An estimated 12,000 visitors have come to Square on 21st since it opened two months ago, browsing food vendors and tossing beanbags on the pavement of what is usually a city street.
The experiment comes to an end in just about a week, officially capping its season on Aug. 20. That still leaves a few chances to dance in a silent disco, taste Japanese culture and more at the Square’s last few events, which we’ll outline for you at the end of this post. The park is at 21st Street between Larimer and Lawrence.
“I really didn’t know what to think going into the project,” said Steven Chester, one of the city planners behind the Square. “This test project — it’s kind of a crazy idea. No one really knew what to think.”
And they still don’t quite know. In the long run, the experiment will tell the city what happens when you turn a street from pavement to recreation. First, they have to scroll through countless hours of video and other data about this summer in the streets.
El-A McClung, owner of the Thread boutique, said that the 150 artists and artisans represented at her store have seen a significant increase in sales. There seems to be much more foot traffic she said, looking up from the spreadsheets on her monitor to greet people browsing the tiny shop.
“Events have been really good for us,” she said, referring to the series of themed evenings the Square has thrown. While much of her customer base knows her shop from social media and other online sources, the Square project seems to have attracted more casual shoppers who wouldn’t have known about Thread otherwise, she said.
While the temporary elimination of parking spots was a concern for some, McClung hasn’t heard complaints from customers, and anecdotally has seen customers from farther outside Denver than she usually does, she said. Cooler street temperatures due to new shade trees also have encouraged more people to loiter and linger on the street, she said.
A man named Brooklyn, who declined to give his last name, said he’d been “frequenting probably for about a month now. You get a lot of traffic here. You see a lot of people come, and they take pictures,” he said.
One complaint from him and a friend: They didn’t like the presence of a sizable fenced-in dog park. “I don’t think the dog park was a good look,” Brooklyn noted from behind dark, pink-rimmed shades. “It kind of stinks.”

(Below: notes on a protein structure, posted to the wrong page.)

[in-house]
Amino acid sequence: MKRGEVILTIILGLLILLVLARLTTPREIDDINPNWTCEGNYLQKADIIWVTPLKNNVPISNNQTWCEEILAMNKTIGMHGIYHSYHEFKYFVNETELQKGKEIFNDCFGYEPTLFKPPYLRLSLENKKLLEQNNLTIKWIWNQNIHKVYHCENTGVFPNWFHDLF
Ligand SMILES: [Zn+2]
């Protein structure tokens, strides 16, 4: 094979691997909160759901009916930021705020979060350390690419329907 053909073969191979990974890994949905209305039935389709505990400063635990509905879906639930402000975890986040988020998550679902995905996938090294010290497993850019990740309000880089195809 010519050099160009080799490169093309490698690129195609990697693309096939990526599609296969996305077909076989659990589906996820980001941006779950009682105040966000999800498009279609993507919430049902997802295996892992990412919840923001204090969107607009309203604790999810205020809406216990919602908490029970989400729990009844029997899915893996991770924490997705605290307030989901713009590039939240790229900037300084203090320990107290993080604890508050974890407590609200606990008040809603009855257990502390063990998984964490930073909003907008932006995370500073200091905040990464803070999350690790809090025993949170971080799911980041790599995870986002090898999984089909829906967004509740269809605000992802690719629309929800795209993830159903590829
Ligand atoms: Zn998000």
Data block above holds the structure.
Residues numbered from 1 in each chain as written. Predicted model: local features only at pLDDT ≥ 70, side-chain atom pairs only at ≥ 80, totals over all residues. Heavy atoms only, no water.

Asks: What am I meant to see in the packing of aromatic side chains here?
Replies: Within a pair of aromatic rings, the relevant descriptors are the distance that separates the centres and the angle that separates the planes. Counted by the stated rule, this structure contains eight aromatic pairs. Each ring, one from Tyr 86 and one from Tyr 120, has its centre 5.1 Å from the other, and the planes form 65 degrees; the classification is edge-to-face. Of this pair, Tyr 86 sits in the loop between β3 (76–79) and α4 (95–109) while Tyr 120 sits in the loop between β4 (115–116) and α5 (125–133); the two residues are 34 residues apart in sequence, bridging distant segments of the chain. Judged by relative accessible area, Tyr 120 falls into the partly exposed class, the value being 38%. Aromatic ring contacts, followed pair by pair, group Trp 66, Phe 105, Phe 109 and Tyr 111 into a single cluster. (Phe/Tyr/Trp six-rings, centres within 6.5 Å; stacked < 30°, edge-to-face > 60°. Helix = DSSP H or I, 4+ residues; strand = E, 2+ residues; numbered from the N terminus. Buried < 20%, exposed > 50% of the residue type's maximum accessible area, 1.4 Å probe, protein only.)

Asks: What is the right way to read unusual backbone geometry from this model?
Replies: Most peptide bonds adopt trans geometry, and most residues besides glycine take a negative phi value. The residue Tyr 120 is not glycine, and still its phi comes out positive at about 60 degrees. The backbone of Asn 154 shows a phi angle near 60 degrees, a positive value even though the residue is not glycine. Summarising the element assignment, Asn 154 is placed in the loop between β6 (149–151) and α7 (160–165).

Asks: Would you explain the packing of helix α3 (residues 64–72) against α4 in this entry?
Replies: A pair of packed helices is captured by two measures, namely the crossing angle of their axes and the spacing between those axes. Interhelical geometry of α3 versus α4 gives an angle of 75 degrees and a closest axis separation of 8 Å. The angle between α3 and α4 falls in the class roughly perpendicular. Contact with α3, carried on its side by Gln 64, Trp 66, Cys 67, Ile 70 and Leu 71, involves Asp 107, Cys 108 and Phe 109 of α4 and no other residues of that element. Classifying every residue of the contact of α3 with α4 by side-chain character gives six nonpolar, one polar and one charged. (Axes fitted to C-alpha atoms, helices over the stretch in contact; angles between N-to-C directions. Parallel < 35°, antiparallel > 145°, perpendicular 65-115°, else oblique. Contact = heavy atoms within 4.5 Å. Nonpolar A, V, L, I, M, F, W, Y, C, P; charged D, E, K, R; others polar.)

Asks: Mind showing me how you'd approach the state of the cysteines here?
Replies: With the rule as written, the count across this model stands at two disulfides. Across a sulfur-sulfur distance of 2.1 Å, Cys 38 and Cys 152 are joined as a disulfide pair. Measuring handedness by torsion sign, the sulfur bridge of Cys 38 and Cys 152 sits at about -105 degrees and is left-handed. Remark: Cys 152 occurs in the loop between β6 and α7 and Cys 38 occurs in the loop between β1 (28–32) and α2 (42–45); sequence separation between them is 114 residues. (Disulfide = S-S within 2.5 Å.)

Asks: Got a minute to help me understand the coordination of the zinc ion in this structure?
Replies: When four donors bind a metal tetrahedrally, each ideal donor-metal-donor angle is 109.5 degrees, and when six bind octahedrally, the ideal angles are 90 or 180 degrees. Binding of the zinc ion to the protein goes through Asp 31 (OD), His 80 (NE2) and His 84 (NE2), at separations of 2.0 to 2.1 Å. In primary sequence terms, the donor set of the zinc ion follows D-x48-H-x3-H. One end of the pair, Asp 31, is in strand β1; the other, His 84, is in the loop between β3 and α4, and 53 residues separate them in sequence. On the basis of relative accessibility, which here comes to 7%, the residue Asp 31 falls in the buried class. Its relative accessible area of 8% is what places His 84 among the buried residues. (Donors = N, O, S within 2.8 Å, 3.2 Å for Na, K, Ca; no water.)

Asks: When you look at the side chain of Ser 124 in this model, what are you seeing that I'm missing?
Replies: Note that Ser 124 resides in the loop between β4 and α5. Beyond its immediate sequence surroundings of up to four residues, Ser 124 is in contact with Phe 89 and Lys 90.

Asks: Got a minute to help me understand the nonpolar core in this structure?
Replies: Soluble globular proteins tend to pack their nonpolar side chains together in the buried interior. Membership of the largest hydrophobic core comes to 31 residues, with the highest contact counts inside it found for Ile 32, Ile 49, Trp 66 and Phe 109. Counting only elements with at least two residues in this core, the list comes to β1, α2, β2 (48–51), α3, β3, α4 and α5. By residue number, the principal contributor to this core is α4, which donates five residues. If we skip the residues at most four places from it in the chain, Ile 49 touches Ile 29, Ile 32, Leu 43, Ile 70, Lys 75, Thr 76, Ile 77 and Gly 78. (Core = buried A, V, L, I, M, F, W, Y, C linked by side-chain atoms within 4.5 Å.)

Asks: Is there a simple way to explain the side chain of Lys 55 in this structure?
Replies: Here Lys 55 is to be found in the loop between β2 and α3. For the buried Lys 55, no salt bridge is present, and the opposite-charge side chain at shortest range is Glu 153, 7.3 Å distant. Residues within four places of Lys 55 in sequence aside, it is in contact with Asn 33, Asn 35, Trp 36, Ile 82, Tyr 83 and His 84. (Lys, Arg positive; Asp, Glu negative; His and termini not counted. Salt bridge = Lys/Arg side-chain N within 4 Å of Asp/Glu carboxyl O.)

Chester also named a few things he would change about his project. The Square didn’t end up with the full-time food vendor he had hoped for, which he thinks reduced the draw. The pop-up park did feature a rotating cast of food trucks, reflecting a growing city interest in partnering with private vendors on public land.
“Something that was identified by the community was food and beverage being this anchor to draw people into this space,” Chester said. It just draws a more diverse crowd. They go there and have breakfast, they hang out in the space. A random scattering of food trucks doesn’t give that consistency.”
Lauren Krabve, an interface designer who works down the street, was out with her Goldendoodle in the aforementioned dog park on Thursday afternoon.
“We came here when it first opened — we were super excited. Then it got super hot. We felt like we were melting,” she said, referring to the series of hundred-degree days that baked Denver before the monsoon kicked in this summer.
Street pavement makes areas hotter, which is one argument for spreading parks and green space around urban Denver as a defense against increased temperatures. For now, Krabve said, the Square is a rare respite from the streets of eastern downtown.
“There’s not a lot of places to go sit outside on a bench,” she said.
The Square is scheduled to begin shutting down after Aug. 20, and this weekend is probably your last best chance to see it.
Updated: Friday, Aug. 18 brings the final silent disco party to the Square from 8 p.m. to midnight.
You can still browse the part on the 19th and the 20th. After this weekend, it’s over!